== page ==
Annual Report: Angola 2013

Report
May 23, 2013

Annual Report: Angola 2013

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  • On 3 October Manuel “Laranjinha” Francisco was arrested by police officers, who reportedly beat him during arrest before taking him to the 17th Police Station, Cazenga Division, in the neighbourhood of Luanda known as Antenove. Witnesses said police beat him at the station. The following day the police told his family that he had been transferred to the Police Command of Cazenga. The family could not find him there; they reportedly received a call later that day informing them that Manuel Francisco’s body was in a morgue in a Luanda hospital after having been found in Cacuaco municipality. His body reportedly bore signs of beatings, including a missing fingernail, missing tooth and a broken leg. Although the family filed a complaint at Cazenga Police Division, police authorities did not comment on allegations that Manuel Francisco had been killed while in custody, and nor did they state whether an investigation was being carried out into the circumstances surrounding his death. No further information was available by the end of the year.

Freedoms of assembly and association

Authorities continued to suppress freedom of assembly throughout the country. Anti-government demonstrations which started in March 2011 continued into 2012 and took place mainly in Luanda, Benguela and Cabinda. As in 2011, police not only failed to intervene to prevent violence against those peacefully demonstrating, but also reportedly used excessive force against demonstrators, some of whom were arbitrarily arrested and detained. Police further used excessive force during strikes, including by the Union of Health Workers in Cabinda, and during a demonstration by the war veterans of the People’s Armed Forces for the Liberation of Angola (FAPLA) in Luanda. No one was held responsible for excessive use of force and arbitrary arrests during demonstrations in 2011.

  • In March, state media aired threats against anti-government protesters by an individual claiming to represent an anonymous group calling themselves defenders of national peace, security and democracy. Throughout the year, a number of unidentified men suspected of being aligned with the police infiltrated peaceful demonstrations and attacked demonstrators. On 22 May, a group of people meeting to organize a demonstration were attacked and beaten by unidentified assailants in Bairro Nelito Soares in Luanda. Also in May, organizers of demonstrations identified four individuals linked to the police whom they said were involved in attacks against peaceful demonstrators. Although police authorities claimed that investigations were being carried out into the televised threats and attacks, no one had been held responsible by the end of the year.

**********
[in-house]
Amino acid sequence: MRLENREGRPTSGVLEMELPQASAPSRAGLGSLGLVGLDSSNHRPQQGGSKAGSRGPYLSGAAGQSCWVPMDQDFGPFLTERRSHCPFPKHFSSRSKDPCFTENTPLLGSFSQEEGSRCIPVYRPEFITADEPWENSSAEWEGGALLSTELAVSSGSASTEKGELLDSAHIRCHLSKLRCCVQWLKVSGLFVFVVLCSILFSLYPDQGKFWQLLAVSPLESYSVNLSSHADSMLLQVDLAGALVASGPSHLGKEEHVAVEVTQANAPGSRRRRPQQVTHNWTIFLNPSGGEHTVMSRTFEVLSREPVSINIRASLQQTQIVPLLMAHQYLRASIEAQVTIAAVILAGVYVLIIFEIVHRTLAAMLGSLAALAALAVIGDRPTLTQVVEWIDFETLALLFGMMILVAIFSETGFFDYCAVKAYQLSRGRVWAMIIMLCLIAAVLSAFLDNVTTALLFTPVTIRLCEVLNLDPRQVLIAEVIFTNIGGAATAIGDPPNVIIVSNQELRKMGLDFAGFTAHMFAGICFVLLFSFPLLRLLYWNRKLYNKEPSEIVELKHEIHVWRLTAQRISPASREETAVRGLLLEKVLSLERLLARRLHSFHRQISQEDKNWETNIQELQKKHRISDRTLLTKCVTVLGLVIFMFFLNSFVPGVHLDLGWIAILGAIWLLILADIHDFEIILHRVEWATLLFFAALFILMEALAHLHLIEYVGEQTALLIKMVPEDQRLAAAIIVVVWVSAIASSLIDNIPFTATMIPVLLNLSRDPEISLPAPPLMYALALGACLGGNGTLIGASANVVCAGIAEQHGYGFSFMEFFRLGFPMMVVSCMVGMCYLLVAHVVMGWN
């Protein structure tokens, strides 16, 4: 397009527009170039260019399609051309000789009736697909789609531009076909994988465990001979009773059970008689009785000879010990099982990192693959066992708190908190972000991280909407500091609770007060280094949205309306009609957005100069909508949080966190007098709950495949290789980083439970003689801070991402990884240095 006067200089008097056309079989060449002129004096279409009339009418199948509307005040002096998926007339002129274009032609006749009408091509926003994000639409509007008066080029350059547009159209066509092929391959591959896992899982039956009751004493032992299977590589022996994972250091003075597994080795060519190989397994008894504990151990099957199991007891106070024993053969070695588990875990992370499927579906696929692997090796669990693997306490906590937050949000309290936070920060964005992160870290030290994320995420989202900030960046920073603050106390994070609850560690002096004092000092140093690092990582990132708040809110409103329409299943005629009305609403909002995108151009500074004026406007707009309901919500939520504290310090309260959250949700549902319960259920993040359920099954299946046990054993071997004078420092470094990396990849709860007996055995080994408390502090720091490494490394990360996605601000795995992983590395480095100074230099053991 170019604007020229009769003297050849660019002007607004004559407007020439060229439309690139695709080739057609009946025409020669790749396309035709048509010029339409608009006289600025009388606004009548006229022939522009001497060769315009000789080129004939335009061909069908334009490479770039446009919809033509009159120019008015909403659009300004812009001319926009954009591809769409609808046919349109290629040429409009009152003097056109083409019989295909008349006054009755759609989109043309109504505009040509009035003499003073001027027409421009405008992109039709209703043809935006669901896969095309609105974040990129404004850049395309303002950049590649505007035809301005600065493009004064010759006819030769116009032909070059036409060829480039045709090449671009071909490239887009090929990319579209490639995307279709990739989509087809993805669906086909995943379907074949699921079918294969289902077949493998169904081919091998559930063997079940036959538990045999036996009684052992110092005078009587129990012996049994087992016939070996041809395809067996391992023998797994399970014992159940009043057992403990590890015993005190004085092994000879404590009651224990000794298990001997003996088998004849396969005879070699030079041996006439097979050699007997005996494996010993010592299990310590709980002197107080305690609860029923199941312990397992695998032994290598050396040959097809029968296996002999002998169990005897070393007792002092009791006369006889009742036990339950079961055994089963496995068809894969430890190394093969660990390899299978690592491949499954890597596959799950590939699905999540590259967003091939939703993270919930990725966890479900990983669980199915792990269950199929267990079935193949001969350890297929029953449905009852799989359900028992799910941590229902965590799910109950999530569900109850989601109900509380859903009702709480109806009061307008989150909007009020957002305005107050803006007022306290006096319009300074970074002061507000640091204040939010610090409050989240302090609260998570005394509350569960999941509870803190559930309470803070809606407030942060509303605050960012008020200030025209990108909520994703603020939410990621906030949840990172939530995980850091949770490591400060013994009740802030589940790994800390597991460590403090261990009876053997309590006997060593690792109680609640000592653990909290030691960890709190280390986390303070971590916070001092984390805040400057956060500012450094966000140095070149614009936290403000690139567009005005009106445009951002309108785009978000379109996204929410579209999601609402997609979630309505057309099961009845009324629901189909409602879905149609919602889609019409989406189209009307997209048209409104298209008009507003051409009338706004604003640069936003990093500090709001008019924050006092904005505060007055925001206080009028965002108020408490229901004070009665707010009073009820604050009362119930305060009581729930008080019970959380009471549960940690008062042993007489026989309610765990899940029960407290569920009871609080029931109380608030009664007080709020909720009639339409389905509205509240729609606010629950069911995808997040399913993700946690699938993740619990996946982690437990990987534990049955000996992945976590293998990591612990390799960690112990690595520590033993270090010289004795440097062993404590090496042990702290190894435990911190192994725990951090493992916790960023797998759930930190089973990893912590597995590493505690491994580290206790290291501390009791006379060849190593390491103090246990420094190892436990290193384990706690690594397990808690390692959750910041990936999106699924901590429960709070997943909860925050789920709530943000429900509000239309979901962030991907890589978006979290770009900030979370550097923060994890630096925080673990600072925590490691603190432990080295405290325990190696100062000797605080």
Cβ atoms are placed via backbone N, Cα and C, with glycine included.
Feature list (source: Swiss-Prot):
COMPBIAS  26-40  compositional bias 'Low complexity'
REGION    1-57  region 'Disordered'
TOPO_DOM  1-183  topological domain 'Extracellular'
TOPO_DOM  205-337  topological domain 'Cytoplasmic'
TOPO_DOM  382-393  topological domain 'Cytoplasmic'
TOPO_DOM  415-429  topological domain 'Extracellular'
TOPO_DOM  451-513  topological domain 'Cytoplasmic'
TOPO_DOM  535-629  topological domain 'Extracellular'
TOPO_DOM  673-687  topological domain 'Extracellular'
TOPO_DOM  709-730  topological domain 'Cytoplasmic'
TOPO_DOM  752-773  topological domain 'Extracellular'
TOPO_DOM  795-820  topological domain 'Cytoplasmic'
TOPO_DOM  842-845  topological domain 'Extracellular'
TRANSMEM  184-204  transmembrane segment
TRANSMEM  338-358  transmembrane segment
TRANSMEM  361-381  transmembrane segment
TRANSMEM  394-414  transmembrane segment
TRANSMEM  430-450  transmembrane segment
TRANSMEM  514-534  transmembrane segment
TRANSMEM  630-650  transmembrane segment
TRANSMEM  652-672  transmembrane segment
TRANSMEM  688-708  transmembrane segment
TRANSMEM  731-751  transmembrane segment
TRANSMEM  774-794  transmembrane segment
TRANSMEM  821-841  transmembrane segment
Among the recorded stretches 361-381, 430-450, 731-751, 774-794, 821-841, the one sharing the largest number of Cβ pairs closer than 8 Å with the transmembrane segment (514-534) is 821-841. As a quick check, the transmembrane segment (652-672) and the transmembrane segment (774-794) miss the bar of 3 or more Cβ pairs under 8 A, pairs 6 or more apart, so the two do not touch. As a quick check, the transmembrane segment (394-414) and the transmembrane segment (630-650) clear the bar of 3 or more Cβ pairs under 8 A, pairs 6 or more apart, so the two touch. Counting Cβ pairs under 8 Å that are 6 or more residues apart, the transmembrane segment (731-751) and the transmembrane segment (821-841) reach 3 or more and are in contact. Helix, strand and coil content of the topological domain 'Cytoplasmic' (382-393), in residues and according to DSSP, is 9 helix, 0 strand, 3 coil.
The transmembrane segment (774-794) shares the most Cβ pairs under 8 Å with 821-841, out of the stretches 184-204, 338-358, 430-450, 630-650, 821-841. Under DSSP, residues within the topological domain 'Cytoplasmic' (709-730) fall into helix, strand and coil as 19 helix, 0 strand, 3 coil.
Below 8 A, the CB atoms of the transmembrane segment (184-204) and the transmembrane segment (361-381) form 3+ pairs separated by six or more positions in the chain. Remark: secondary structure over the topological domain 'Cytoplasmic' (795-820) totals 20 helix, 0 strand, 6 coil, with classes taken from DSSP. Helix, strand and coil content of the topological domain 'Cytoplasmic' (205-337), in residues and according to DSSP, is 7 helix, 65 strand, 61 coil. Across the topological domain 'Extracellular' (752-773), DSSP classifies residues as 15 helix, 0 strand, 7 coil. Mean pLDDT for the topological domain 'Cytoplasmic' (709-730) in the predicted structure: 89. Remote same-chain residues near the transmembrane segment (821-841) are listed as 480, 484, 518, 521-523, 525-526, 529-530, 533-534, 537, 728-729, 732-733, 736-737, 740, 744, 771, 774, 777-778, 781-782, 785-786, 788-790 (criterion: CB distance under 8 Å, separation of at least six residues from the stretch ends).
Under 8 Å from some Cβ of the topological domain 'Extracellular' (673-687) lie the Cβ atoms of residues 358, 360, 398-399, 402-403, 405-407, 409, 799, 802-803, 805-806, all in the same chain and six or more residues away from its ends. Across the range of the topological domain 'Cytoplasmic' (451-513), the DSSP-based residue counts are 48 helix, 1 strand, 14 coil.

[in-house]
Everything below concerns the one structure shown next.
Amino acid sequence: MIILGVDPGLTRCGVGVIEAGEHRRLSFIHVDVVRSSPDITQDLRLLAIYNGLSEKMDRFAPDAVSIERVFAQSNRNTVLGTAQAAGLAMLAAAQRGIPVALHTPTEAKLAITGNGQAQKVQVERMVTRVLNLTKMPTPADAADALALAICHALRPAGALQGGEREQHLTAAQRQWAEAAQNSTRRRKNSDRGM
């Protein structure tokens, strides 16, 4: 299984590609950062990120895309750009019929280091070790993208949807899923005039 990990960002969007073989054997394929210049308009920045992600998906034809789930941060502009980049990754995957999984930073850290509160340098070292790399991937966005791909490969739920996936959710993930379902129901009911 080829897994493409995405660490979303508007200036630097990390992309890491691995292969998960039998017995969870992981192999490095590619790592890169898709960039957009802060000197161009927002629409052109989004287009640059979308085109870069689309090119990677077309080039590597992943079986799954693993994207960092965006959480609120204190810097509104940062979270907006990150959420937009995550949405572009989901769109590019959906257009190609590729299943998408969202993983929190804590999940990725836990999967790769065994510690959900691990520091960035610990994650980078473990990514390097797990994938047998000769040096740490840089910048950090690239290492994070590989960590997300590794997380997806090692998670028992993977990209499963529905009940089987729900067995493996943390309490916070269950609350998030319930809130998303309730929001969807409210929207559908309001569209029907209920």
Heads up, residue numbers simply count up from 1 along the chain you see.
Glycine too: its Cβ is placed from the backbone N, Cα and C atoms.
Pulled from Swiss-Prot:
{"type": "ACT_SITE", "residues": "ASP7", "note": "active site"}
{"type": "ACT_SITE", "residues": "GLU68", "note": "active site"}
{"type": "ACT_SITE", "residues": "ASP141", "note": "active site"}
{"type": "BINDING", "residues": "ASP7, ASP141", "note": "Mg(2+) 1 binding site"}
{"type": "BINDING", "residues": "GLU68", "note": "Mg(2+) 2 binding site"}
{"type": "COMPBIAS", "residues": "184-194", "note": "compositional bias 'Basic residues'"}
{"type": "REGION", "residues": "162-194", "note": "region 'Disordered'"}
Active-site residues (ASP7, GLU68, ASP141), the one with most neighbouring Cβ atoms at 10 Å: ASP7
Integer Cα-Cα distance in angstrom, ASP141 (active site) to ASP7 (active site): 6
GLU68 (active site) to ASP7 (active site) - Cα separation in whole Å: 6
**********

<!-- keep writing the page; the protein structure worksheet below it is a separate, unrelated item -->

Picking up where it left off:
• Police in Cabinda used batons and water canon against members of the Union of Health Workers who had been picketing outside the provincial hospital between 30 January and 3 February. On 3 February police blocked access to the hospital for the strikers, who moved on 4 February to the offices of the Syndicate of Unions. Police beat strikers and used a water canon to disperse the crowd whom they said were unlawfully demonstrating in close proximity to a government building. Seventeen women and five men were detained and released the same day.

Freedom of association was restricted.

  • The trial of 15 Presidential Guards from the Central Protection and Security Unit in the Military Bureau of the Angolan Presidency started in the Luanda Regional Military Court on 15 September. The guards were charged with “making collective demands” on the grounds that they had signed a petition on 11 September calling for fairer salaries, challenging the application process for junior officers’ posts and calling for improved social assistance in the event of death of immediate family. The trial continued at the end of the year.

Freedom of expression – journalists

Freedom of expression, particularly of the press, continued to be suppressed. Attempts were made to prevent publication of newspapers or articles which were seen as potentially anti-government. There were no further developments in the appeals by Armando Chicoca and William Tonet, convicted of defamation in 2011.